Building the New ‘Three Rings’: Reconfiguring China’s Foreign Relations in the Face of Decoupling
The ‘special military operation’ launched by Russia against Ukraine, along with the attendant stalemate that has set in between the West and Russia, are landmark events that signal the approaching end of the globalisation wave that began in the 1980s. The absurd efforts of the United States to bully its allies into enacting murderous sanctions against Russia and to browbeat other countries into taking sides in this conflict, have brought the world to a state reminiscent of the deadly global struggles of the twentieth century ago. These developments pose a major challenge to China; the end of this wave of globalisation means that the country will no longer have the same external environment for development that it has enjoyed for the past forty years, and that the US will likely intensify its push to re-establish its domination over the international system and to decouple from China and Russia. The world has undergone a paradigm shift§. In the face of a potential forced and complete decoupling from the United States and Western countries, China must take initiative and adjust its foreign strategic orientation, reprioritising the countries that it engages with in order to develop a new international order that would safeguard against the repercussions of this decoupling.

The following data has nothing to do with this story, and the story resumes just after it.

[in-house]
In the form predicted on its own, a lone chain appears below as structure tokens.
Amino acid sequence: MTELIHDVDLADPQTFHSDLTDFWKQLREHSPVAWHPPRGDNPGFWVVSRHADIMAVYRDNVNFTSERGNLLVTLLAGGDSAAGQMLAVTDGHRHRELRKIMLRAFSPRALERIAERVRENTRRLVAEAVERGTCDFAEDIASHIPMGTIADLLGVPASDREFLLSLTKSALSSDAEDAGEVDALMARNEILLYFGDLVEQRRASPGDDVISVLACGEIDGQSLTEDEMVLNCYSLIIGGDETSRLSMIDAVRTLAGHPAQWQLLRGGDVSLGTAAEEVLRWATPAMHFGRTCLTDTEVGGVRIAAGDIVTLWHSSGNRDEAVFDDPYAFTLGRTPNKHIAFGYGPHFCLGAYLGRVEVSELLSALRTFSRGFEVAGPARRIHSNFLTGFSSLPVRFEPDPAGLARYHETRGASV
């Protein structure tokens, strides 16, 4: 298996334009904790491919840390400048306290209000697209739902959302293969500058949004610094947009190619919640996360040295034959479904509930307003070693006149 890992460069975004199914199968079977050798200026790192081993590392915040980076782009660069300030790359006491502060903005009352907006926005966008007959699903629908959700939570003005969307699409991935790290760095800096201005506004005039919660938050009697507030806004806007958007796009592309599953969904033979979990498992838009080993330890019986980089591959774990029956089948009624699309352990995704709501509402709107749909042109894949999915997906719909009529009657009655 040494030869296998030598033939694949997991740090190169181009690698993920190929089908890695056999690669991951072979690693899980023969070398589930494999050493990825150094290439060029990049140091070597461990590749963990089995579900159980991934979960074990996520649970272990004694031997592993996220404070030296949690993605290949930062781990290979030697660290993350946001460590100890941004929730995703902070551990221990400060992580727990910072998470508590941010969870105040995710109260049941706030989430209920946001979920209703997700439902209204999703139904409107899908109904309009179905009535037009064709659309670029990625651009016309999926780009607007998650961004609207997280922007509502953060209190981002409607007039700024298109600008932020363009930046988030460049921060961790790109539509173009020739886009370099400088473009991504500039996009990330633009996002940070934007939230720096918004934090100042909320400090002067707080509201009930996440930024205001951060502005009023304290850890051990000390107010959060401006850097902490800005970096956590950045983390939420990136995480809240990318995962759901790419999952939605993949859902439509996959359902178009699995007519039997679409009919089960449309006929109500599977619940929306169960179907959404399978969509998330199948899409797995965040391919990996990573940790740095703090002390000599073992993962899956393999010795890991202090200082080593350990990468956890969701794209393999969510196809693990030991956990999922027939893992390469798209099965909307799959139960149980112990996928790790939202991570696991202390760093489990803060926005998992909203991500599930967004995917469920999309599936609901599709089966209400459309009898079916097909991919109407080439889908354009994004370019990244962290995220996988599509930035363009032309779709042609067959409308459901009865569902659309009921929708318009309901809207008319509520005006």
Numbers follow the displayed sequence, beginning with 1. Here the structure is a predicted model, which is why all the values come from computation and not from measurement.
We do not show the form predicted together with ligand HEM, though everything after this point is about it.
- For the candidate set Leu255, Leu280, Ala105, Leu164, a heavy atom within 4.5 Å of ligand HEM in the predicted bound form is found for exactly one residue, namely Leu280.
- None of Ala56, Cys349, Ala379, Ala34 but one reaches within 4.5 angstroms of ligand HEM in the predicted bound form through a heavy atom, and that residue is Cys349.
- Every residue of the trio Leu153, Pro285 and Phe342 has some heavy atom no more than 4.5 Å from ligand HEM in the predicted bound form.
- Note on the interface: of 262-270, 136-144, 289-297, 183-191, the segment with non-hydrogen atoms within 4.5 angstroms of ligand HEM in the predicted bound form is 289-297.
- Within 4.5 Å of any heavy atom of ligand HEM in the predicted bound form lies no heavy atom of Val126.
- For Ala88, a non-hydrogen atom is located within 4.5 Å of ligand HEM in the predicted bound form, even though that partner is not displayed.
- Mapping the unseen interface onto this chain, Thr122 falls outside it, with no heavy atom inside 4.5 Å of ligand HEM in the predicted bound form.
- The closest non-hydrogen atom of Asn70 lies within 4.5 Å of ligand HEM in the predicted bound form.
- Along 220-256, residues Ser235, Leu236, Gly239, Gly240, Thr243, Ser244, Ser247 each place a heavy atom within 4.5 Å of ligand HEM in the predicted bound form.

The Unspoken Rule of the International Order: The Centre-Periphery Power Structure
During the three decades since the collapse of the Soviet Union, relations between Russia and the West have vacillated. Initially, Russia pursued friendly ties with the US and Western countries, then it gradually grew apart from them, and now it has entered into a fierce confrontation. The evolution of this relationship reflects the political limits of globalisation. Unlike the romantic notions of globalisation that were ascendant following the end of the Cold War, in reality, this era saw the establishment of US hegemony and the dismemberment of the Soviet Union and the socialist camp. This process of globalisation and the US pursuit of global supremacy are two sides of the coin; they condition and promote each other. The inability of this system to promote international equality, with developed and developing countries locked into a relationship of dominator and follower states, means that it cannot continue endlessly. On the one hand, globalisation is abandoned, reversed, or redesigned when it backfires on its initiators, threatening their superiority; on the other hand, countries will continue to resist when powerful states relentlessly pursue domination§. Russia’s special military operation against Ukraine was the result of the domineering nature of this round of globalisation, and has brought the US-dominated system to a standstill.